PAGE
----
How do cells take out the trash?

Research uncovers how unfolded proteins are discarded, and how a perfectly good protein can wind up in the trash

Illustration of unfolded proteins sticking together
A collaborative research project involving the McKelvey School of Engineering has uncovered the rules that govern the process of cleaning up unfolded proteins in a cell — and found that exceptions to these rules may play a role in dysfunction. (Image: Pappu lab)

Unfolded proteins are unhealthy proteins. When found inside of cells, they are rounded up, identified, and destroyed. This is an important quality-control process, especially in the brain and the heart.

How these unfolded proteins are identified, however, has been a mystery. Now, research led by Kiersten Ruff, a senior research scientist in the lab of Rohit Pappu, the Gene K. Beare Distinguished Professor of biomedical engineering at Washington University in St. Louis’ McKelvey School of Engineering, has uncovered the rules that govern this process — and found that exceptions to these rules may play a role in dysfunctional cells.

The research was published in the journal Molecular Cell and was a collaborative effort between the labs of Pappu and Danny Hatters, professor of biochemistry at the University of Melbourne in Australia.

A healthy cell will begin cleaning out unfolded proteins once they have collected in clumps called, appropriately, unfolded protein deposits (UPODS). But researchers were not sure how these UPODs formed.

Rohit Pappu headshot

Ruff, Pappu said, came up with an idea.

“She had the brilliant insight that there likely was a combination of factors involved in driving the formation of UPODs,” Pappu said. “She reasoned that it could not just be unfolded proteins crossing some threshold concentration. There must be specific interactions that must be mediating UPOD formation.”

Ruff’s insight, driven by a close collaboration with members of the Hatters lab, led to the finding that the formation of UPODs requires the crossing of a threshold concentration in cells along with the presence of specific stickers — particular residues within proteins that drive them to stick to one another.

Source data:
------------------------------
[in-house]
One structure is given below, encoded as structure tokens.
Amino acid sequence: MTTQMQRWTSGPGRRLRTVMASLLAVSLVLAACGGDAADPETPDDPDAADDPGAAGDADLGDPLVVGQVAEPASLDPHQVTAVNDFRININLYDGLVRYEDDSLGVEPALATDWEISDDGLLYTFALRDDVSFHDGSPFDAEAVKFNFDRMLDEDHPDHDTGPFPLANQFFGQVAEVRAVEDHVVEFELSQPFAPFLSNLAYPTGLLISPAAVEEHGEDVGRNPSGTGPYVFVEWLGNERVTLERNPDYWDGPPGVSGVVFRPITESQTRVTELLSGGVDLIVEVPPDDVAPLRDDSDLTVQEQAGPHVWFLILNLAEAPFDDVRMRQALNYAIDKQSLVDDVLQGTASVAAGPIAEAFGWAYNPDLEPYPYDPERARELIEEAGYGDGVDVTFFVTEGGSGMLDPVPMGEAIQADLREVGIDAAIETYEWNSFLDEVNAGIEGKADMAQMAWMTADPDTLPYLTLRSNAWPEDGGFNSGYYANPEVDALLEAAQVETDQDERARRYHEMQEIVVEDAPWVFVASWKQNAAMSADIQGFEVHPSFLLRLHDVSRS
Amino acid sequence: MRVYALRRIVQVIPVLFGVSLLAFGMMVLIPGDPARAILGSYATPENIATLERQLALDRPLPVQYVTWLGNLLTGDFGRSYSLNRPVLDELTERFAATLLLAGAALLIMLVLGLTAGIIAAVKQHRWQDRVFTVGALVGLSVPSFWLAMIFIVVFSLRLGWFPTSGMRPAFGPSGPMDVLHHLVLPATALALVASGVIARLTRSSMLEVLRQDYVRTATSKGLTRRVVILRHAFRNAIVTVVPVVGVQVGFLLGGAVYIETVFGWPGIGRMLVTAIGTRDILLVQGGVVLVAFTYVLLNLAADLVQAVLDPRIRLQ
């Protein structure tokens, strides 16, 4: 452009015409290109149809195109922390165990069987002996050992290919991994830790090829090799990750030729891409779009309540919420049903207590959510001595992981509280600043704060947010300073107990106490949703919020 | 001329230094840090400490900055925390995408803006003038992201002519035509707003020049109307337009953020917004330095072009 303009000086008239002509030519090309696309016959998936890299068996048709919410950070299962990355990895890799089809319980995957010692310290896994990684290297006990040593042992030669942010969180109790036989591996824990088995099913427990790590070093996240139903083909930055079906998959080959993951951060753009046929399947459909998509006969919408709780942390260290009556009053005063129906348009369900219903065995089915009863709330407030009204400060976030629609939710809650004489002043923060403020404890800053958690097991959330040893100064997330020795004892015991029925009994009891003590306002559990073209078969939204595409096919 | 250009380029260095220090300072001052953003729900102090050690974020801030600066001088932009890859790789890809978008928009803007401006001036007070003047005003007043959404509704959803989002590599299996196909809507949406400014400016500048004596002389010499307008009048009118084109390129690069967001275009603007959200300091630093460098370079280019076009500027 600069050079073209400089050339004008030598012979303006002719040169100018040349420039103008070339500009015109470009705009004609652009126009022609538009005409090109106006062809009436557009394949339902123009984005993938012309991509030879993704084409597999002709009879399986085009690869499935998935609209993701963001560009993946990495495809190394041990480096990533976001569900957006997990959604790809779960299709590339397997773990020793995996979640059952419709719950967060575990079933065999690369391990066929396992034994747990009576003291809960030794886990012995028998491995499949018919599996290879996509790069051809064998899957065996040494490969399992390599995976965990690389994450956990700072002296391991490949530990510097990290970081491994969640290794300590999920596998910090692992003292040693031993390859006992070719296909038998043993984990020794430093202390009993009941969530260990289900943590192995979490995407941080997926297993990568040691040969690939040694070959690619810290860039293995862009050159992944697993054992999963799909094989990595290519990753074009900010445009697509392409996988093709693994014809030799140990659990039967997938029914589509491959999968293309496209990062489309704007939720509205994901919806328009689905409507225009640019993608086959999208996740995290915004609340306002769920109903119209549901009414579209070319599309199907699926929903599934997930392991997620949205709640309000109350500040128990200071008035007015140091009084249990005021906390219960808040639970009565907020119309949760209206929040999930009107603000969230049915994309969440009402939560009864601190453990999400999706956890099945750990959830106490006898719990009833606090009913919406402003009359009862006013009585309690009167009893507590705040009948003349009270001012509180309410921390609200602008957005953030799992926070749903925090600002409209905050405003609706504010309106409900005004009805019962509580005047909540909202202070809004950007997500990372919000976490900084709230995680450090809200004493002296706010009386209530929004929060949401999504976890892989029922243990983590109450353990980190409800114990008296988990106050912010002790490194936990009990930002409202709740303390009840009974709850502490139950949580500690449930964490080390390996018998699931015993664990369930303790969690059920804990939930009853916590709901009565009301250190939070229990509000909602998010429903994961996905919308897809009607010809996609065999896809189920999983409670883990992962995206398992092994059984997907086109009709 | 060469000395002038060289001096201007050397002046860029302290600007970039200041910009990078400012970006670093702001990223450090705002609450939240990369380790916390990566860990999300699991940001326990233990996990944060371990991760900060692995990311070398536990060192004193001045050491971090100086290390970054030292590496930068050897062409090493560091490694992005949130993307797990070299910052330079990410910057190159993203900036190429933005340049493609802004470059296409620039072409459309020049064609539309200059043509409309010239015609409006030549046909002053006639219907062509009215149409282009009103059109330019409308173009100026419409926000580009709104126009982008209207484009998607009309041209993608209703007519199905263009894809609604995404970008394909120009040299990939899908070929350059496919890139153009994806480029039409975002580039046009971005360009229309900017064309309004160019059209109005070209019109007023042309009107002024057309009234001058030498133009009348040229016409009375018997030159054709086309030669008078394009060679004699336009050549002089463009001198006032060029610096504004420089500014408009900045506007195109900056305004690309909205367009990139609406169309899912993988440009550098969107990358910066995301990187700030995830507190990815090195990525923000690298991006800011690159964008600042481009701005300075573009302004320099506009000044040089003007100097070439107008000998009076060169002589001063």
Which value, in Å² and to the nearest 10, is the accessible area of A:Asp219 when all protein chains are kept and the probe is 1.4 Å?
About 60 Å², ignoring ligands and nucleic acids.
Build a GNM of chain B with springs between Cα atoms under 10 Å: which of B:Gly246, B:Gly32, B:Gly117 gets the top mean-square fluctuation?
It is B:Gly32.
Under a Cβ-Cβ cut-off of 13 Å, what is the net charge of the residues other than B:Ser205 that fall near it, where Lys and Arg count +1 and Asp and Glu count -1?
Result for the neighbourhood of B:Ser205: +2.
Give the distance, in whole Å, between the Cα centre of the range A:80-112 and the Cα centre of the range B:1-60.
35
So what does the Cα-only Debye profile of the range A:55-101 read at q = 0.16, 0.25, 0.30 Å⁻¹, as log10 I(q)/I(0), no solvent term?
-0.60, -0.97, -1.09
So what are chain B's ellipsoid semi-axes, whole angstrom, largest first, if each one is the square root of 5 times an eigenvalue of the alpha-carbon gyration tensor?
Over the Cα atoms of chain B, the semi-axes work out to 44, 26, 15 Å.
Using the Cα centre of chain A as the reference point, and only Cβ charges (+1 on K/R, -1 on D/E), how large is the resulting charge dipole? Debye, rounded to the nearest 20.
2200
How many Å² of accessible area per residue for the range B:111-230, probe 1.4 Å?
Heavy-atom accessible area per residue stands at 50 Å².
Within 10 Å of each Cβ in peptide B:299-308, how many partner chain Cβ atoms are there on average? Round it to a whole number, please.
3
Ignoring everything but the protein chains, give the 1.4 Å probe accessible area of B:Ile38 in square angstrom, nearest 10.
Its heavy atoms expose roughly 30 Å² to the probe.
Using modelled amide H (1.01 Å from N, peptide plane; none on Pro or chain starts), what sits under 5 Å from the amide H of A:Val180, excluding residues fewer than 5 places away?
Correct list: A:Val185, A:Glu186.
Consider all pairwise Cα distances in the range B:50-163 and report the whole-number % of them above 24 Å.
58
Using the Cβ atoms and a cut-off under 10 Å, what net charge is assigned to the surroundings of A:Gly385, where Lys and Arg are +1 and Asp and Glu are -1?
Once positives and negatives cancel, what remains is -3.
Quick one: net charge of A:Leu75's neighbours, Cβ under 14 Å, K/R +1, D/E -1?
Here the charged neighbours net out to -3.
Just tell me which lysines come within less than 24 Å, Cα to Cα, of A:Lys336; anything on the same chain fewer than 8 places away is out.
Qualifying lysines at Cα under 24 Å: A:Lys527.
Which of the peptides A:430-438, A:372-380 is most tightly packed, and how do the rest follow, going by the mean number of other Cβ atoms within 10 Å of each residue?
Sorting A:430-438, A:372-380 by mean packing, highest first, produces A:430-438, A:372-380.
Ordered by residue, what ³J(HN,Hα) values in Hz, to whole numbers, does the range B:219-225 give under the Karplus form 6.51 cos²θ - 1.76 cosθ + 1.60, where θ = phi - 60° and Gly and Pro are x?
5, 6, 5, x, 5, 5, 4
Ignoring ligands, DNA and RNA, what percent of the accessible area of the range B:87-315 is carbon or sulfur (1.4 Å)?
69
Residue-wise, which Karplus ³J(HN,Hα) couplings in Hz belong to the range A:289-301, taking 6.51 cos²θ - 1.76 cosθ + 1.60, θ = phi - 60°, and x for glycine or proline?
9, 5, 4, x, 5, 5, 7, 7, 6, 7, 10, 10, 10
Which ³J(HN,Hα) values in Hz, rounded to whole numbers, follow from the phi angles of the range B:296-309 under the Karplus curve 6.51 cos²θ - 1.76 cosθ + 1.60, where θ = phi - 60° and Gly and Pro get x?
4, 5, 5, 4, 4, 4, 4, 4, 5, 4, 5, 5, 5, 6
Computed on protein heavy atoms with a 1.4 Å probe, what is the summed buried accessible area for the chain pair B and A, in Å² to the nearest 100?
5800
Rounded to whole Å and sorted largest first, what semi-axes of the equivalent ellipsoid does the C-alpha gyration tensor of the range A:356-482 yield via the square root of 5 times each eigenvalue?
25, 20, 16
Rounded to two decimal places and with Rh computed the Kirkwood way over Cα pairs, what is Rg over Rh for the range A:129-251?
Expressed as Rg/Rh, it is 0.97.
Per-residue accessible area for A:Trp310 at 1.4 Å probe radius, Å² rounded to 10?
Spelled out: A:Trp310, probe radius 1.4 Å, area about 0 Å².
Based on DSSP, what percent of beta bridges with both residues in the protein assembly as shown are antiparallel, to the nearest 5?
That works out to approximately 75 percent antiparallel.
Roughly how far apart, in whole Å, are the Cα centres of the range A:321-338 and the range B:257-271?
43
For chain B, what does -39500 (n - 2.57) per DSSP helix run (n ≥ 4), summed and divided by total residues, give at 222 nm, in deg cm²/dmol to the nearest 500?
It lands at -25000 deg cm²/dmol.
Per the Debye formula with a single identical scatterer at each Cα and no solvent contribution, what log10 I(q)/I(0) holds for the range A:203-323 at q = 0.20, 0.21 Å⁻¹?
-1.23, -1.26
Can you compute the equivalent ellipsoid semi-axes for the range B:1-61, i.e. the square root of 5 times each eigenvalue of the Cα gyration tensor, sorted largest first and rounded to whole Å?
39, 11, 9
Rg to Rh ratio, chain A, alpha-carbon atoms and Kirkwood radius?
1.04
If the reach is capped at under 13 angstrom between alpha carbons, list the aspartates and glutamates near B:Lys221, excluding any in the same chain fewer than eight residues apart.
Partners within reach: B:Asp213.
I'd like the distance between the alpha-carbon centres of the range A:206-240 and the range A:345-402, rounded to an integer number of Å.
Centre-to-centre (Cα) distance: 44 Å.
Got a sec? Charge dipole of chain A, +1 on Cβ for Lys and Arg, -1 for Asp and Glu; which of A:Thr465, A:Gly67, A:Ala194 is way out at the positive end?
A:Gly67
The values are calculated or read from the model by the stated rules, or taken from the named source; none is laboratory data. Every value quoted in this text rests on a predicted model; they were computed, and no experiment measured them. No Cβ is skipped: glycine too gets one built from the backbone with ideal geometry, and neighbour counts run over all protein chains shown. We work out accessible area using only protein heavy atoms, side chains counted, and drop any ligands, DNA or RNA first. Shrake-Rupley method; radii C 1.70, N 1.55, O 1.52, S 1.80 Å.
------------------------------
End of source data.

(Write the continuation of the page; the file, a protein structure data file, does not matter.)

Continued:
The team went on to discover that UPODs also become collection grounds for other proteins that have similar sticker chemistries. “UPODS seem to not only attract components of the quality-control machinery, which one would expect, but they are also attractors for other proteins that have similar chemistries,” Pappu said.

They can drag perfectly healthy proteins into what is, effectively, a trash pile. The finding may shed light on the progression of degenerative disorders in cells that do not turn over — such as neurons in diseases including amyotrophic lateral sclerosis, or ALS, or cardiac cells in cardiomyopathies, or heart muscle diseases.

Although the finding relied on high-tech experimentation and careful analysis, Pappu said, “Kiersten’s brilliance and novel insights transformed the nature of the investigations.”

This work was supported by grants APP1161803 and APP1154352 from the National Health and Medical Research Council of Australia, grant DP170103093 from the Australian Research Council, the US National Institutes of Health (5R01NS056114), the US Air Force Office of Scientific Research (FA9550-20-1-0241), and the Wellcome Trust (204963).

The McKelvey School of Engineering at Washington University in St. Louis promotes independent inquiry and education with an emphasis on scientific excellence, innovation and collaboration without boundaries. McKelvey Engineering has top-ranked research and graduate programs across departments, particularly in biomedical engineering, environmental engineering and computing, and has one of the most selective undergraduate programs in the country. With 140 full-time faculty, 1,387 undergraduate students, 1,448 graduate students and 21,000 living alumni, we are working to solve some of society’s greatest challenges; to prepare students to become leaders and innovate throughout their careers; and to be a catalyst of economic development for the St. Louis region and beyond.

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